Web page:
Lung infections are a leading cause of sepsis that poses global mortality and morbidity. Effective clearance of pathogens from the lung is dependent on successful innate immunity. Understanding the innate defense mechanisms in the lung is crucial for improved immunotherapeutics or vaccines to reduce this burden of disease. The signaling cascades triggering innate immunity consist of a delicate balance between pro-inflammatory responses, and counteracting anti-inflammatory responses. It is however poorly understood how these innate immune signaling cascades converge to provide efficient host defense while attenuating inflammatory tissue damage. To delineate the host defense mechanisms in the lungs and extrapulmonary organs, we have focused on a primary gram-negative extracellular pathogen, Klebsiella pneumoniae since this bacterium induces severe pneumonia followed by sepsis; and multiple drug-resistant and hypervirulent variants have recently emerged to cause devastating pulmonary and systemic infections. Recognition of pathogens is the first critical step leading to neutrophil influx in the lung. Regarding bacterial recognition, nucleotide-binding oligomerization domain (NOD)-like receptors (NLRs) were implicated. However, the role of NLRs, such as NOD1 and NOD2 s in host defense against K. pneumoniae remains unexplored. NOD1/2 signaling cascades involve the adaptor protein RIP2. We now provide preliminary evidence that NOD2 is involved in host defense during K. pneumoniae infection, which include: 1) Mice deficient in RIP2 demonstrate reduced survival, higher bacterial burden and decreased neutrophil recruitment to the lungs and extrapulmonary organs; 2) NOD2-deficient mice show attenuated neutrophil recruitment to the lungs; 3) NOD2-deficient mice demonstrate decreased caspase- 1 activation and interleukin (IL)-1? production in the lung; 4) Both IL-1? and IL-18 are important for host resistance against K. pneumoniae and 5) RIP2 regulates IL-23 and IL-17 production in the lungs. These findings collectively support the hypothesis that the initial interaction of K. pneumoniae with the lung cells leads to NOD2 activation followed by IL-1? and IL-18 production which then induces IL-17A- mediated neutrophil-dependent immunity in the host.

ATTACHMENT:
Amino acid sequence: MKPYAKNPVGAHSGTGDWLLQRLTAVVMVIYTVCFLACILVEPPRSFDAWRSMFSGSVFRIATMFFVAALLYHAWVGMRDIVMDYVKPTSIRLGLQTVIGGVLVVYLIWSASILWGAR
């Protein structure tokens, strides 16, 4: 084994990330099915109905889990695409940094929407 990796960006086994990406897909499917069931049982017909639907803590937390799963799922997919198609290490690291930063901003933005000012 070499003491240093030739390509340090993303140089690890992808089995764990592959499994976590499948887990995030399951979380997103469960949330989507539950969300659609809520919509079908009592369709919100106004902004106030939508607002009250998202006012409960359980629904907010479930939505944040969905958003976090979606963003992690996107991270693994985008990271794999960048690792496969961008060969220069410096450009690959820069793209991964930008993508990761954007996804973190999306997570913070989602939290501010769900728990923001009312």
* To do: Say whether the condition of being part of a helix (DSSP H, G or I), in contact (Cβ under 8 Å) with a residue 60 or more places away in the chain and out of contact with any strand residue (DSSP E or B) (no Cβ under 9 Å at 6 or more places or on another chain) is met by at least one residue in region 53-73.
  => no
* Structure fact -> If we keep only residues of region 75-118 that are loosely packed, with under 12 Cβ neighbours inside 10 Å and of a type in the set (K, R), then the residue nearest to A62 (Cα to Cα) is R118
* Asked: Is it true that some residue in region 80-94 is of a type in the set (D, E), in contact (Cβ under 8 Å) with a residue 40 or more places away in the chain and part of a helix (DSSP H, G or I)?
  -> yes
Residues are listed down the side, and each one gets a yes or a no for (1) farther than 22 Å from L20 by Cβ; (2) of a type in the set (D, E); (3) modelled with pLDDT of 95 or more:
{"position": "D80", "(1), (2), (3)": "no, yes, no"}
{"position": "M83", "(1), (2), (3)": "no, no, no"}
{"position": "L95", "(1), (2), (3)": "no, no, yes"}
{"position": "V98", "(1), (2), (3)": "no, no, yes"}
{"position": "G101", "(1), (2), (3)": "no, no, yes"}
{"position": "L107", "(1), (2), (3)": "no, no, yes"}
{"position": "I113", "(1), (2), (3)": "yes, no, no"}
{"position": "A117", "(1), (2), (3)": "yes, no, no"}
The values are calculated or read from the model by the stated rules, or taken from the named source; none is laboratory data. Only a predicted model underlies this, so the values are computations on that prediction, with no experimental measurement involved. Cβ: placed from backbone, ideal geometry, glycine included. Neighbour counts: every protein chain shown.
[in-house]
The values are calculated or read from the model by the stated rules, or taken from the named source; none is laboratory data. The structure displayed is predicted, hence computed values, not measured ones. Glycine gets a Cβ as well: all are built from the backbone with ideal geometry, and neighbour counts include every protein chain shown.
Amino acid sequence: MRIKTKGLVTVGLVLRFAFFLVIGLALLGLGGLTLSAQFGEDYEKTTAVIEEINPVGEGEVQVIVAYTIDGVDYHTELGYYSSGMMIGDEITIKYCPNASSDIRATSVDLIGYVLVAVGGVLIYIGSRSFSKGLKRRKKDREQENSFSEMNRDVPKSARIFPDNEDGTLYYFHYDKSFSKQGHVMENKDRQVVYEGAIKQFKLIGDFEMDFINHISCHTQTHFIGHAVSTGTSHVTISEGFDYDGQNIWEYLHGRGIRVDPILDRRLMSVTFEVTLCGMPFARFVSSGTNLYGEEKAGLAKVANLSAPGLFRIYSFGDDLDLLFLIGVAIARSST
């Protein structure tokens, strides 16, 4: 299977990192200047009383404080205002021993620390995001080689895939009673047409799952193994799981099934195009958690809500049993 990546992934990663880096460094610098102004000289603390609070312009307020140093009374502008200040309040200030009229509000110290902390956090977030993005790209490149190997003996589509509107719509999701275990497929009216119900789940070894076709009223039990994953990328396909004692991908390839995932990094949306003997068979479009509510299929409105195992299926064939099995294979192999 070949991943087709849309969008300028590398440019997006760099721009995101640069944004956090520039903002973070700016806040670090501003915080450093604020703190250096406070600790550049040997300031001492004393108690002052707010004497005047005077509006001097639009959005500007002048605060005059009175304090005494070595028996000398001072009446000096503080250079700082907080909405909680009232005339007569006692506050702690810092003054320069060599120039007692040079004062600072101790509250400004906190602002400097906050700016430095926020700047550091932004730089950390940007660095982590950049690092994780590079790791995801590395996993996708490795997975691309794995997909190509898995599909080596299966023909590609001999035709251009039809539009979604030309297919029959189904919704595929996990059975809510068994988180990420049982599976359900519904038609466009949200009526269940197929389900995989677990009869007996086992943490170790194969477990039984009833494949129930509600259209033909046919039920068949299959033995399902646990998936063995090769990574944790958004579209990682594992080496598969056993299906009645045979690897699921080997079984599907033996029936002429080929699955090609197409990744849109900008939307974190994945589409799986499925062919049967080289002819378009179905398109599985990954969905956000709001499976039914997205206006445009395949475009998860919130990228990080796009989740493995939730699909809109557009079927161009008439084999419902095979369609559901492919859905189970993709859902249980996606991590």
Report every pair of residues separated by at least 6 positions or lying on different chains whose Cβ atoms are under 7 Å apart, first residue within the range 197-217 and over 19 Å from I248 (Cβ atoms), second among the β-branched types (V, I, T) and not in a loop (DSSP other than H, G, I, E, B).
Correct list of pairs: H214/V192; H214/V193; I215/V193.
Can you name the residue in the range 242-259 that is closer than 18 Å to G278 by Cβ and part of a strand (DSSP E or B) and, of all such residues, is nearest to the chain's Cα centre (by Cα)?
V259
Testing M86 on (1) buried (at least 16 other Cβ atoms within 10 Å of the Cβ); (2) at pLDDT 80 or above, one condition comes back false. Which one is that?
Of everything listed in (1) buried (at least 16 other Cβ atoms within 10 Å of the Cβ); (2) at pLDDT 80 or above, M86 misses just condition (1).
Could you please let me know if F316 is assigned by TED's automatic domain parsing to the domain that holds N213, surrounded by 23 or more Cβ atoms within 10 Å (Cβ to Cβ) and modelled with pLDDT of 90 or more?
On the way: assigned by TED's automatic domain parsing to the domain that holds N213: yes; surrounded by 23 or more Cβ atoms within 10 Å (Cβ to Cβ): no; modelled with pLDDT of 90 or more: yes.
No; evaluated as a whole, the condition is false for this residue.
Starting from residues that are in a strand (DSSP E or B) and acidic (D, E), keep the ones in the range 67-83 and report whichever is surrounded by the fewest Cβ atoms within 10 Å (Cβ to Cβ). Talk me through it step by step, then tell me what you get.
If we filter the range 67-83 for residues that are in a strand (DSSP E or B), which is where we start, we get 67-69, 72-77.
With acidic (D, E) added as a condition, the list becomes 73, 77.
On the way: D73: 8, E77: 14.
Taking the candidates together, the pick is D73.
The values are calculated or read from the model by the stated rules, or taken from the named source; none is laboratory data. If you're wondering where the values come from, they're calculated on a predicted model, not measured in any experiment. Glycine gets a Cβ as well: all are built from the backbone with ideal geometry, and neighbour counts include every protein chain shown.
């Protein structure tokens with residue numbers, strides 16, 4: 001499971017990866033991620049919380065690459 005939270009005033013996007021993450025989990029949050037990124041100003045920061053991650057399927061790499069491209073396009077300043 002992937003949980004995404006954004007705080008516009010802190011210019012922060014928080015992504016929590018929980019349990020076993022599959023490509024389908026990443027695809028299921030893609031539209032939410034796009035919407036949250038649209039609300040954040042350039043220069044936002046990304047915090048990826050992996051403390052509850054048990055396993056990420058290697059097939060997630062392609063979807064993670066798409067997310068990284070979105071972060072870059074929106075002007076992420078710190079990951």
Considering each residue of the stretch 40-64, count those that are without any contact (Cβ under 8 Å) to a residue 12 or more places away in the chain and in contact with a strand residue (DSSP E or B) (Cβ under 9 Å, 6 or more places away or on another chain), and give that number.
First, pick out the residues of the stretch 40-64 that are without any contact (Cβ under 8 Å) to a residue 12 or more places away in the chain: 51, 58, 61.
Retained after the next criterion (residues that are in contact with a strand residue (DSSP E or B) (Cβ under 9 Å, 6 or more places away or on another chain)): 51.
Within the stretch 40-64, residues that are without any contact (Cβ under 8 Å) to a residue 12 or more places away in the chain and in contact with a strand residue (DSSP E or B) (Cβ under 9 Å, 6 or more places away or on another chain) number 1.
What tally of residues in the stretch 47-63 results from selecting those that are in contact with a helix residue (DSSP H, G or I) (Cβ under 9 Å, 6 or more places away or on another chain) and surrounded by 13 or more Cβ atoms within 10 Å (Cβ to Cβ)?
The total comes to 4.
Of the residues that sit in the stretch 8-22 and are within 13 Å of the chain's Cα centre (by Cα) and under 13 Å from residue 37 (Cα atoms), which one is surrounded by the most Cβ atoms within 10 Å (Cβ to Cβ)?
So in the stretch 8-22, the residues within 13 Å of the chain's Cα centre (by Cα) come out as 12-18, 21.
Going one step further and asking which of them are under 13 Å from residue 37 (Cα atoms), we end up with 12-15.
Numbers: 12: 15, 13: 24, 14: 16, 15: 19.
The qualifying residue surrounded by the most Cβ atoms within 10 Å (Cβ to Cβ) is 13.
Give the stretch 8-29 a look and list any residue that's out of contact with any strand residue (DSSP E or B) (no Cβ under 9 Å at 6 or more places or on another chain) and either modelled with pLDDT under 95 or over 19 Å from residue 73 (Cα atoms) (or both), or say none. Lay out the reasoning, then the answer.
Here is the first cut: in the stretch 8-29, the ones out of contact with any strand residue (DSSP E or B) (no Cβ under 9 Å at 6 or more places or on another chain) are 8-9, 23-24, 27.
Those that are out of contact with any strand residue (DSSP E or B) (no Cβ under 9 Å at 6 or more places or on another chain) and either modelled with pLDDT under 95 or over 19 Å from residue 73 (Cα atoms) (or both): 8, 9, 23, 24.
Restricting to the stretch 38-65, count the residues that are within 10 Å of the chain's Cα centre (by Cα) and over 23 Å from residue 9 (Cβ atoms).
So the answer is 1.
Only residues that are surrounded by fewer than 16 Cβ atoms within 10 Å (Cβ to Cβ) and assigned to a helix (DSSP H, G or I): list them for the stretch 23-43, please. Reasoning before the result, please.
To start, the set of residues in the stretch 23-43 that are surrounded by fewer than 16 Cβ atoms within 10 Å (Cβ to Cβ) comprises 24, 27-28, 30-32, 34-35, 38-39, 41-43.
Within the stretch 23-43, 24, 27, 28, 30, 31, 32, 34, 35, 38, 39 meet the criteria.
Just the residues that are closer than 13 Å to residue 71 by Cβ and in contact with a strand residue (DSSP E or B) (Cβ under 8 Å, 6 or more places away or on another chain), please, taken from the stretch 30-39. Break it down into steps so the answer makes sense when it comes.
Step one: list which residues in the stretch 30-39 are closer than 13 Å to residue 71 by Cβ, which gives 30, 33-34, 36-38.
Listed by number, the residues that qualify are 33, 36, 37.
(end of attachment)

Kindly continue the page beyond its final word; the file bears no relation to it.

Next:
The Aims are: (1) Investigate the in vivo mechanisms by which NOD2 modulates neutrophil-mediated host defense during pneumonic sepsis; (2) Explore the in vivo mechanisms by which NOD2 enhances IL-17A production during pneumonic sepsis; and (3) Determine if modulation of NOD2 alters host defense during pneumonic sepsis. A unique combination of in vivo and in vitro systems, including KO mice, overexpression and adoptive transfer strategies will be employed to address these aims. We believe that this conceptually, technically and translationally innovative proposal will reveal NOD2 as a master regulator for pneumonic sepsis and advance our understanding of how NOD2 promotes a beneficial response for pneumonic sepsis.
Pneumonic sepsis, a clinical condition caused by an underlying infection, remains a major cause of mortality and morbidity worldwide. Although there have been efforts to improve the treatment and prevention strategies, death rates are still high. The goal of our proposed work is to understand how immune mechanisms are integrated into successful host resistance in the lungs and extrapulmonary organs. We have focused on the bacterium Klebsiella pneumoniae, because 1) this bacterium causes extensive lung damage followed by severe sepsis; and 2) neutrophils are crucial to control K. pneumoniae infections; 3) the emergence of carbapenemase-resistant K. pneumoniae (CRKP) spreads rapidly, causes substantial mortality and has reduced antibiotic treatment options; and 4) no effective vaccine is available. The ultimate goal of the translational investigation is to discover ways in which these lung cells augment host resistance to eradicate the infection while attenuating exaggerated organ damage during pneumonic sepsis.